Polychlorinated biphenyls (PCBs) were manufactured in the United States from 1929 to 1977. They were widely used by many industries because of their low electrical conductivity, high boiling point, chemical stability and flame retardant properties. The largest use of PCBs was in electrical equipment, including transformers and capacitors, but they were also widely used in a variety of other applications, including hydraulic fluids, dust control, flame retardants, lubricants, paints, sealants, wood preservatives, inks, dyes and plasticizers. PCBs have also been found in a variety of non-liquid materials, including construction materials such as insulation, roofing and siding materials. In 1979, the U.S. EPA banned the manufacture of PCBs in the United States. Their import, export and distribution in commerce were also banned and PCBs uses were restricted to totally enclosed applications. The U.S. EPA has authorized other minor uses since that time, but the unavailability of PCBs and health and safety concerns effectively ended their use in new applications.
PCBs are often referred to as a “legacy” pollutant, meaning there are relatively few current uses, but past uses have left large amounts of a highly persistent pollutant in the environment. Based on chemical analysis of surface soil and storm drain sediments, the widespread historic use of PCBs apparently resulted in releases throughout the Bay Area urban landscape. Because the use of PCBs is currently limited and strictly regulated, the potential for new releases to the environment appears very limited.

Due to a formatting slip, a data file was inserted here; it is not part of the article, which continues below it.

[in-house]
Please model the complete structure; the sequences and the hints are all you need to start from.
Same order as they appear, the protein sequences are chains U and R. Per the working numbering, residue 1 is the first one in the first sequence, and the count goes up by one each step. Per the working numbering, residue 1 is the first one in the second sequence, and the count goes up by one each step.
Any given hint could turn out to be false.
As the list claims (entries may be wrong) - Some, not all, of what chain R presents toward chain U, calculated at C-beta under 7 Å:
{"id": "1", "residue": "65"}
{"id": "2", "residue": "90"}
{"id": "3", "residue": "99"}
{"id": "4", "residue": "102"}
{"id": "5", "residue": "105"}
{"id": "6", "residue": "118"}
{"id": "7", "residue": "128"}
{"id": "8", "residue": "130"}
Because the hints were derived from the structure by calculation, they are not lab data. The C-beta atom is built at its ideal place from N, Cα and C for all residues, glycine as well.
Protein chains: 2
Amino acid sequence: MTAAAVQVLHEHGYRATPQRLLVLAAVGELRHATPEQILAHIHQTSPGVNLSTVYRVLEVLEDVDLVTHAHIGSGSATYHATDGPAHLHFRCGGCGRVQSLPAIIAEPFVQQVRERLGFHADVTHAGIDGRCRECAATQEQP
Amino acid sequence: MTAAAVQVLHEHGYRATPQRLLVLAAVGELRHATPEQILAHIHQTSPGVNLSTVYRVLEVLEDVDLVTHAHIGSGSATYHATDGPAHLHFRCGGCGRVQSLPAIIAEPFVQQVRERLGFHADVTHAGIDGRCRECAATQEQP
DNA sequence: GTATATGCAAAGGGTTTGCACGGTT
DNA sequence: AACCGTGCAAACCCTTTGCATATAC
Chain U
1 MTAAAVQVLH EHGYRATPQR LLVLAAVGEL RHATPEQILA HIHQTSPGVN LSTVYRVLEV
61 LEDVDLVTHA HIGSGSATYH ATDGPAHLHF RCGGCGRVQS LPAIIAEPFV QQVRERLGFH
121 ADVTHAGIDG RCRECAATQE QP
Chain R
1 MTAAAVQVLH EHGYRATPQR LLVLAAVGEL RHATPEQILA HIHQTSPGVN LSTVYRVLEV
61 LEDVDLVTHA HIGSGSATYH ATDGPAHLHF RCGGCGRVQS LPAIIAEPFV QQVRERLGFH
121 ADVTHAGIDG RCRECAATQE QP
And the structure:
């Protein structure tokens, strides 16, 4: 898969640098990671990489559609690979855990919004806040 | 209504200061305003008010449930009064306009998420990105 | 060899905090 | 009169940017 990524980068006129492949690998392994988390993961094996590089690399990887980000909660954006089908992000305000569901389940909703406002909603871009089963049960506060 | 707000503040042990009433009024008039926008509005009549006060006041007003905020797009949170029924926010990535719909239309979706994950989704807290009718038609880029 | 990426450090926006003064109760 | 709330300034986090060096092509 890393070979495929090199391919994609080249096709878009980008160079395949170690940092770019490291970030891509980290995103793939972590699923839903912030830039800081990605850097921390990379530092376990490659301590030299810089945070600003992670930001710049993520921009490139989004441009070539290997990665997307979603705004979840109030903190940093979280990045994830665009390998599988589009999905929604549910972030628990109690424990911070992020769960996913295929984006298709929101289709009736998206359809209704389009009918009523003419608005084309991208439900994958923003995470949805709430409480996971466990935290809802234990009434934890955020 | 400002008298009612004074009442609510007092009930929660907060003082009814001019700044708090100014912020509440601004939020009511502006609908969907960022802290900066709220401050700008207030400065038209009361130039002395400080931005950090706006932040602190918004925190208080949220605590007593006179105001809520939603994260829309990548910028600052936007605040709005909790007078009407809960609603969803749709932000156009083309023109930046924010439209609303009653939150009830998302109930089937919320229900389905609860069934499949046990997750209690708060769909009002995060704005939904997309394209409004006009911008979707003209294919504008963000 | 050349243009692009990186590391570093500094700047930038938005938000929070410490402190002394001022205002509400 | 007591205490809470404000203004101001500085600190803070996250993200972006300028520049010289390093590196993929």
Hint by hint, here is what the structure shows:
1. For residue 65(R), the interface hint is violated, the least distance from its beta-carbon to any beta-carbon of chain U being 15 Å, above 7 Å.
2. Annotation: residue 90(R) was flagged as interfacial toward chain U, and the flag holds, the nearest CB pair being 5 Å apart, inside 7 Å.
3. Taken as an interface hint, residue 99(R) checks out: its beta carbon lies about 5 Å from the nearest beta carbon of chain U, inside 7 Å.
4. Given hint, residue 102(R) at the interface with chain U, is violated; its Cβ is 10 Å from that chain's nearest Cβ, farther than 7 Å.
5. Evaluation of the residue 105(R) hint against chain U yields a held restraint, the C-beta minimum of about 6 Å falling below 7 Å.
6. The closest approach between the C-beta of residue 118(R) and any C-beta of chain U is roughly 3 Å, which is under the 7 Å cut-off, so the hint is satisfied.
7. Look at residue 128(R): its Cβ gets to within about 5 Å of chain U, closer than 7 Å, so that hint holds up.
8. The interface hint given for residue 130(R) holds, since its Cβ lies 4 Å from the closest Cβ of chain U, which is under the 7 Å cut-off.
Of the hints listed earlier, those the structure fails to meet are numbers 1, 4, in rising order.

Problem Statement and Regulatory Background
Fish tissue monitoring in San Francisco Bay has revealed bioaccumulation of PCBs and other pollutants. Since 1994, concentrations of selected bioaccumulative pollutants have been measured in Bay fish every three years. The levels of PCBs in Bay fish have not shown clear increasing or decreasing trends over that time period, but appear high enough to pose a health risk to people who consume fish caught in the Bay. As a result, the Office of Environmental Health Hazard Assessment has issued an interim advisory on the consumption of fish from the Bay. The advisory led to the Bay being designated an impaired water body on the Clean Water Act "303(d) list" due to PCBs and other pollutants. In response, the Regional Water Board is developing Total Maximum Daily Load (TMDL)
programs addressing PCBs and other pollutants. The general goal of the PCBs TMDL is to identify and control sources of PCBs to the Bay and improve water quality.
The Program has provided leadership to Bay Area stormwater management agencies in their efforts to assist with development of the Bay PCBs TMDL. This included leading a regional study that characterized the distribution of PCB concentrations in storm water conveyance sediments in Bay Area watersheds (Joint Storm Water Agency Project to Study Urban Sources of Mercury, PCBs and
Organochlorine Pesticides - Final Report). The Program also performed PCBs case studies in selected urban areas where elevated concentrations of PCBs were found during the regional study and coordinated similar case studies by other Bay Area storm water management agencies. The case studies were aimed at beginning to identify PCB sources and controls (see Case Study Investigating